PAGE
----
What will the 2024 Storm Season look like?
ABOUT THIS WEBSITE
This is the the Ham/Amateur Radio Project Website of N1ATP, Knut.
I received my Technician License in 1993 as N1QKP. This served me well since my chief interest is public service events and this, most of the time, utilizes VHF and UHF Frequencies. Over the years I have upgraded to General both in the US and as LA9UKA in Norway.
I also “broke down” and changed to a vanity call-sign from N1QKP to N1ATP (Airline Transport Pilot) which is also the pilot license I hold.
Early on, I realized the fantastic resource of APRS. In the mid-90’s I created DOS based line maps to be used with APRS (Radios and TNCs – no internet) to track the Hartford Marathon. I also coordinated all communications (120 ham and commercial radios) for three years. Today, we combine RF based APRS with the Internet to best utilize this fantastic visual coordination and tracking system.
During the last 10+ years I have been involved with digital voice technologies like D-Star and now DMR.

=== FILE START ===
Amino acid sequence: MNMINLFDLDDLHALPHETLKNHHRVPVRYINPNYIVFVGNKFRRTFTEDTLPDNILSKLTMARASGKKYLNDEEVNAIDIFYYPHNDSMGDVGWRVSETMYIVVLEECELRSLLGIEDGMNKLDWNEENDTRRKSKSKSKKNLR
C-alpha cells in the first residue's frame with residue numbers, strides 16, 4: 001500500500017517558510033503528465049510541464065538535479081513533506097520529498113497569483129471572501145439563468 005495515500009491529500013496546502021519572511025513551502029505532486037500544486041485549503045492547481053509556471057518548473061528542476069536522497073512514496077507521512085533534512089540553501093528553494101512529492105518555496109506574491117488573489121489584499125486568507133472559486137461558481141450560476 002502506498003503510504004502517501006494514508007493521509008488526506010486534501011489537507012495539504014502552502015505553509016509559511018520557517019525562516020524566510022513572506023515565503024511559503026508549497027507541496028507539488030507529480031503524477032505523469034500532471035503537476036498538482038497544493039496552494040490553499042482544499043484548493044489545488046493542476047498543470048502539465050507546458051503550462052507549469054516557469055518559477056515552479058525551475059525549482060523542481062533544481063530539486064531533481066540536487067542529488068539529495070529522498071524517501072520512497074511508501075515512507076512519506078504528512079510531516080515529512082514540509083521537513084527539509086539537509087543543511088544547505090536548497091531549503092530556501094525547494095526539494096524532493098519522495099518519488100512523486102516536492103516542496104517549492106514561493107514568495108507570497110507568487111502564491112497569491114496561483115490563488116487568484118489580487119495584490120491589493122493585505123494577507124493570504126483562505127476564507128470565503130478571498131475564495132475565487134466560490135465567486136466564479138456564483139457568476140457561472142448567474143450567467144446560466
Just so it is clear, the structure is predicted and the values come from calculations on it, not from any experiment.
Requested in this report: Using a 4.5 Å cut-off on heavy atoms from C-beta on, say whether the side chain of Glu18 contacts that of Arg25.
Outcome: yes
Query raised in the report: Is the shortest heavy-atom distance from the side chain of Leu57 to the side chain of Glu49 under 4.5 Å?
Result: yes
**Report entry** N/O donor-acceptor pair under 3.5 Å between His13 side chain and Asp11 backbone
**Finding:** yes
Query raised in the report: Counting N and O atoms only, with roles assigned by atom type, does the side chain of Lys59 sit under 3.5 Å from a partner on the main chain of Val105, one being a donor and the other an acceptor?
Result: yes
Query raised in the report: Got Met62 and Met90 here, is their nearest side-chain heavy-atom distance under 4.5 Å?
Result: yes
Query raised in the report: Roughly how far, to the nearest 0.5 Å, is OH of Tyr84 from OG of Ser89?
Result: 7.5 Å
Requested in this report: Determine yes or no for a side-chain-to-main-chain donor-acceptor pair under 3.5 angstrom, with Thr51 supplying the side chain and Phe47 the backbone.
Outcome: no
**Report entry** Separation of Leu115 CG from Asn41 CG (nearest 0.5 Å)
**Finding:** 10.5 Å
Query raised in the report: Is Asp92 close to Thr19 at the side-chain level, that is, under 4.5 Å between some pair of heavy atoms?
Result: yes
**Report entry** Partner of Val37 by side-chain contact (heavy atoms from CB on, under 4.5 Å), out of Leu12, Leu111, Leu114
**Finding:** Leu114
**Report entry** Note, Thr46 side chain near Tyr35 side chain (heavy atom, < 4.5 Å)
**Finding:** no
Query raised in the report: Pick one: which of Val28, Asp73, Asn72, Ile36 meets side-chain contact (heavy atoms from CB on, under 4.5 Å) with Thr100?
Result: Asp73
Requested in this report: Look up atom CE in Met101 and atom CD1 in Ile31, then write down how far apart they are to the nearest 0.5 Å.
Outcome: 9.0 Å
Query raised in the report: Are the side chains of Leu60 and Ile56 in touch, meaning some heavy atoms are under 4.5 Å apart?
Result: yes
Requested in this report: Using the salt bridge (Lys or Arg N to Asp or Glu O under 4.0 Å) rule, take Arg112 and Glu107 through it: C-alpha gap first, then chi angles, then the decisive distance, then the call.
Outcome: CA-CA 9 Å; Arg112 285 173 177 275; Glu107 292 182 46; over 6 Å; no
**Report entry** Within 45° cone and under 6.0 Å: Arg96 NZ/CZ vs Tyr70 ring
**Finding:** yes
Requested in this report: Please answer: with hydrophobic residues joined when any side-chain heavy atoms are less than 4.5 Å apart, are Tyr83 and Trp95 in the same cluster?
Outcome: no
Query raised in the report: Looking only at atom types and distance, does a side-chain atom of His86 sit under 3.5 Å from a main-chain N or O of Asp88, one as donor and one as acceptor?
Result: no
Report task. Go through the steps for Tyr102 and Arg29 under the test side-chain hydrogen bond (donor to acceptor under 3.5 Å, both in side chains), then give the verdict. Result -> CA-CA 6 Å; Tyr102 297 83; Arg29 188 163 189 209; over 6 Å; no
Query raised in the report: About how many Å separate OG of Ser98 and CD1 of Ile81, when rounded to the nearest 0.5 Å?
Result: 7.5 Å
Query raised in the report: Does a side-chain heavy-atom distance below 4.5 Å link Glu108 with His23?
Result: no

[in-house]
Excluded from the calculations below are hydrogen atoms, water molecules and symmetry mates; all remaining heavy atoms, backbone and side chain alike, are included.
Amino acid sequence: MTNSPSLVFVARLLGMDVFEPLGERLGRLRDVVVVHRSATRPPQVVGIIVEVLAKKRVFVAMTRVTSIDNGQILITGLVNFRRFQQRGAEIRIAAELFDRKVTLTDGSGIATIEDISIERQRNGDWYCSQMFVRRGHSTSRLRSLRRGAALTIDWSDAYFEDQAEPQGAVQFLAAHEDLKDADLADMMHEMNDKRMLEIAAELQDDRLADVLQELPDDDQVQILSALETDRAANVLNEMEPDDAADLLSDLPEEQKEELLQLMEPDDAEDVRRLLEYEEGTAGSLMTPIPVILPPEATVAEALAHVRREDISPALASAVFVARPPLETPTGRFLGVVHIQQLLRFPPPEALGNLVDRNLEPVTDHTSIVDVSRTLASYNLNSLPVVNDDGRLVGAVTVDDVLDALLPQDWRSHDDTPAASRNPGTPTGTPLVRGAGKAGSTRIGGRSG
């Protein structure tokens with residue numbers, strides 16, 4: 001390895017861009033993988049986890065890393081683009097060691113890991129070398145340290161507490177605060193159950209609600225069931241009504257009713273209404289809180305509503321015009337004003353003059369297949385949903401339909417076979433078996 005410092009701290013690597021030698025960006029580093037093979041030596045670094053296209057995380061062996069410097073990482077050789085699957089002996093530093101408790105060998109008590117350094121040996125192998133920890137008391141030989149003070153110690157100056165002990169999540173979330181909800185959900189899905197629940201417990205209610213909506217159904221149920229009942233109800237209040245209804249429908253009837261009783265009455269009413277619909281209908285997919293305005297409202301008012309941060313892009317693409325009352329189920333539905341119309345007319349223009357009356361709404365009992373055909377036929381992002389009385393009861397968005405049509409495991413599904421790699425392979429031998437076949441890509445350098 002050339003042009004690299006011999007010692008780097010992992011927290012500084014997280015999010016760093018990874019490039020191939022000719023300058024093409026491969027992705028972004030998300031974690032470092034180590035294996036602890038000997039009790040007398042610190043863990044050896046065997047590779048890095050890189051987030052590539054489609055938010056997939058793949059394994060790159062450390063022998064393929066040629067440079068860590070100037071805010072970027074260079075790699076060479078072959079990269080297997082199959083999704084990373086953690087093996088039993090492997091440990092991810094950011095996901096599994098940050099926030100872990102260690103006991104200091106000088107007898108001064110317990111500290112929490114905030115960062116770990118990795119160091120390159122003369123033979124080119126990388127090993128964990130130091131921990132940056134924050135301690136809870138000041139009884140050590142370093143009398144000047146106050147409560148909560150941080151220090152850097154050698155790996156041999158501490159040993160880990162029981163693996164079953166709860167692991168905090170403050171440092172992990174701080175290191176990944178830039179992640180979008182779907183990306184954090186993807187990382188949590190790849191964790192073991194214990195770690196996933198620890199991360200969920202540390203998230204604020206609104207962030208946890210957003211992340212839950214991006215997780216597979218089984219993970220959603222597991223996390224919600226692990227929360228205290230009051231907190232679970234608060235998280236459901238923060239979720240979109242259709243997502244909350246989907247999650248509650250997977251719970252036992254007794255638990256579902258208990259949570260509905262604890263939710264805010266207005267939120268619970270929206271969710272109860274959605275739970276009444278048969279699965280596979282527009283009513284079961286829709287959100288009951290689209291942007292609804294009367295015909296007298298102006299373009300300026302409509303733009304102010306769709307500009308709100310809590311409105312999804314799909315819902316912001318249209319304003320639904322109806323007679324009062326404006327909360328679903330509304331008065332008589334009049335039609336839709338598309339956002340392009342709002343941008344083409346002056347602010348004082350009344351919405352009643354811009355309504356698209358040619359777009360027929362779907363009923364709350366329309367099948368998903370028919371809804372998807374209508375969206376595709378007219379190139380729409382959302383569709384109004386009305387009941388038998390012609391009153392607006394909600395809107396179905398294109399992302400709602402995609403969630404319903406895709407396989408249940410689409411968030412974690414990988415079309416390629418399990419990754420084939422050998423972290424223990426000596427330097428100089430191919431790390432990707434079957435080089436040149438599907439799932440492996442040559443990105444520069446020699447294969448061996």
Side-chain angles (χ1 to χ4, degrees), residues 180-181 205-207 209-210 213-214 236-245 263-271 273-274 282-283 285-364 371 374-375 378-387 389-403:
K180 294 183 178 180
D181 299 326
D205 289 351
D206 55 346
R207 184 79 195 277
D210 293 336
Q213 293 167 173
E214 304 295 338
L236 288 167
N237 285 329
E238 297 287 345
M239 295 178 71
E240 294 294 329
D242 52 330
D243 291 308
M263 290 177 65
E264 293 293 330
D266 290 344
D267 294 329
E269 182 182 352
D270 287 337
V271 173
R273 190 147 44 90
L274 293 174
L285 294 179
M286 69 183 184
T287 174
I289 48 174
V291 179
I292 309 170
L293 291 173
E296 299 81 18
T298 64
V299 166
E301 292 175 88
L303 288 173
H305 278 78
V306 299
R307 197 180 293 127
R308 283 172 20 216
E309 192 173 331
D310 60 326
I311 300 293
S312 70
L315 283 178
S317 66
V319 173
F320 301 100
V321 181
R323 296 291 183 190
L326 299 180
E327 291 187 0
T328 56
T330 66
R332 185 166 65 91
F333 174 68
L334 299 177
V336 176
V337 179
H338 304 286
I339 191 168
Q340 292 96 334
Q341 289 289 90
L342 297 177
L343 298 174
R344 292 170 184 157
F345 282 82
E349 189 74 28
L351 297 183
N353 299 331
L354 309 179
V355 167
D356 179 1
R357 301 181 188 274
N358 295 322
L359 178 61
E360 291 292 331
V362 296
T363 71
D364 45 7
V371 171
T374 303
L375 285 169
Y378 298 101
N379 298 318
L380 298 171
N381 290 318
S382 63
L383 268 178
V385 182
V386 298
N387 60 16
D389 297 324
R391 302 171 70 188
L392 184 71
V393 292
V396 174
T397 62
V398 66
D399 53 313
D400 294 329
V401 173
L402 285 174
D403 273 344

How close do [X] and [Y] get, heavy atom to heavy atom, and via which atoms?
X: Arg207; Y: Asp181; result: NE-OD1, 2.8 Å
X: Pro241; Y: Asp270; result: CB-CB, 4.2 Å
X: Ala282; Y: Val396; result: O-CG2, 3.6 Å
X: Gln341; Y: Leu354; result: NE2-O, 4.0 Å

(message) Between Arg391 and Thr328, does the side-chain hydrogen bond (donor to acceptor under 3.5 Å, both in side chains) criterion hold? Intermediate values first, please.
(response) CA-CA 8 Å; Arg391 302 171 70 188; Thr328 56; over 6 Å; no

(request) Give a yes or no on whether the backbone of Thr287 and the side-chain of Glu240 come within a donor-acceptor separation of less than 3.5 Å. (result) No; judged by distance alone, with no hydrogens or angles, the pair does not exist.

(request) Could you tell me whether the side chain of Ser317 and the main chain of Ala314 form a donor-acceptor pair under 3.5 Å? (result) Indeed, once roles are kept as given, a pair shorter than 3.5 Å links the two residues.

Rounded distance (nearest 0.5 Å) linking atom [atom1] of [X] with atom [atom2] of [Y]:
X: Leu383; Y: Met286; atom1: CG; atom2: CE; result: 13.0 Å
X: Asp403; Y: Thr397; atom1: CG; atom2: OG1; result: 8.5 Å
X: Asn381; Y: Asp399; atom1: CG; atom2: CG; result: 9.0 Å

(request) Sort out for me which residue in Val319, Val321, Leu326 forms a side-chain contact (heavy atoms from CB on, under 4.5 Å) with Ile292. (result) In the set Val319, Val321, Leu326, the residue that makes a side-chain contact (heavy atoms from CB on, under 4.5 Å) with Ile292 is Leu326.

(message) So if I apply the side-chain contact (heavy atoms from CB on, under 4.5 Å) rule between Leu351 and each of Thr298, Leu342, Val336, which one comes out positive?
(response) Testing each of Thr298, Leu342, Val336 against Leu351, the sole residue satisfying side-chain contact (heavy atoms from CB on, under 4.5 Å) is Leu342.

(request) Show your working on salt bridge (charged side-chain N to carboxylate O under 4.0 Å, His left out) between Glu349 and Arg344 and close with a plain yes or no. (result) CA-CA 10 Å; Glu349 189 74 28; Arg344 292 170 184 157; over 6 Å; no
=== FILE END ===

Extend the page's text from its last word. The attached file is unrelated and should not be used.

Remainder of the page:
DMR’s two time-slots and networked repeaters is a “dream” for public service events. Making the repeater portable and networked to allow roaming between sites tops everything off.
This website is a combination of information and coordination for events, but more than anything a personal place to formalize thoughts and ideas. The domains www.HamComm.org , www.EventComm.org www.racedispatch.com are also used to bypass the menus to special projects.
Over the 2021-22 winter, a system of AllStarLink nodes have also been put in place to create some of the linking capabilities of DMR radio, but with the use of standard analog FM. Combining the two systems can create an amazing wide area event comm system.
Sunrise at 30West – Story Behind the Picture –
When you fly across the Atlantic Ocean, 30West is the airspace boundary between Gander (Canada) and Shanwick FIRs. At 30West we change from one HF frequency to another. When leaving NYC area around 10pm at night, sunrise will commonly occur as shown (at 41,000 feet). HF is still used over the high seas for aviation communication. It will soon be replaced with digital CPDLC which is satellite based digital text and surveillance (“radar”) communication.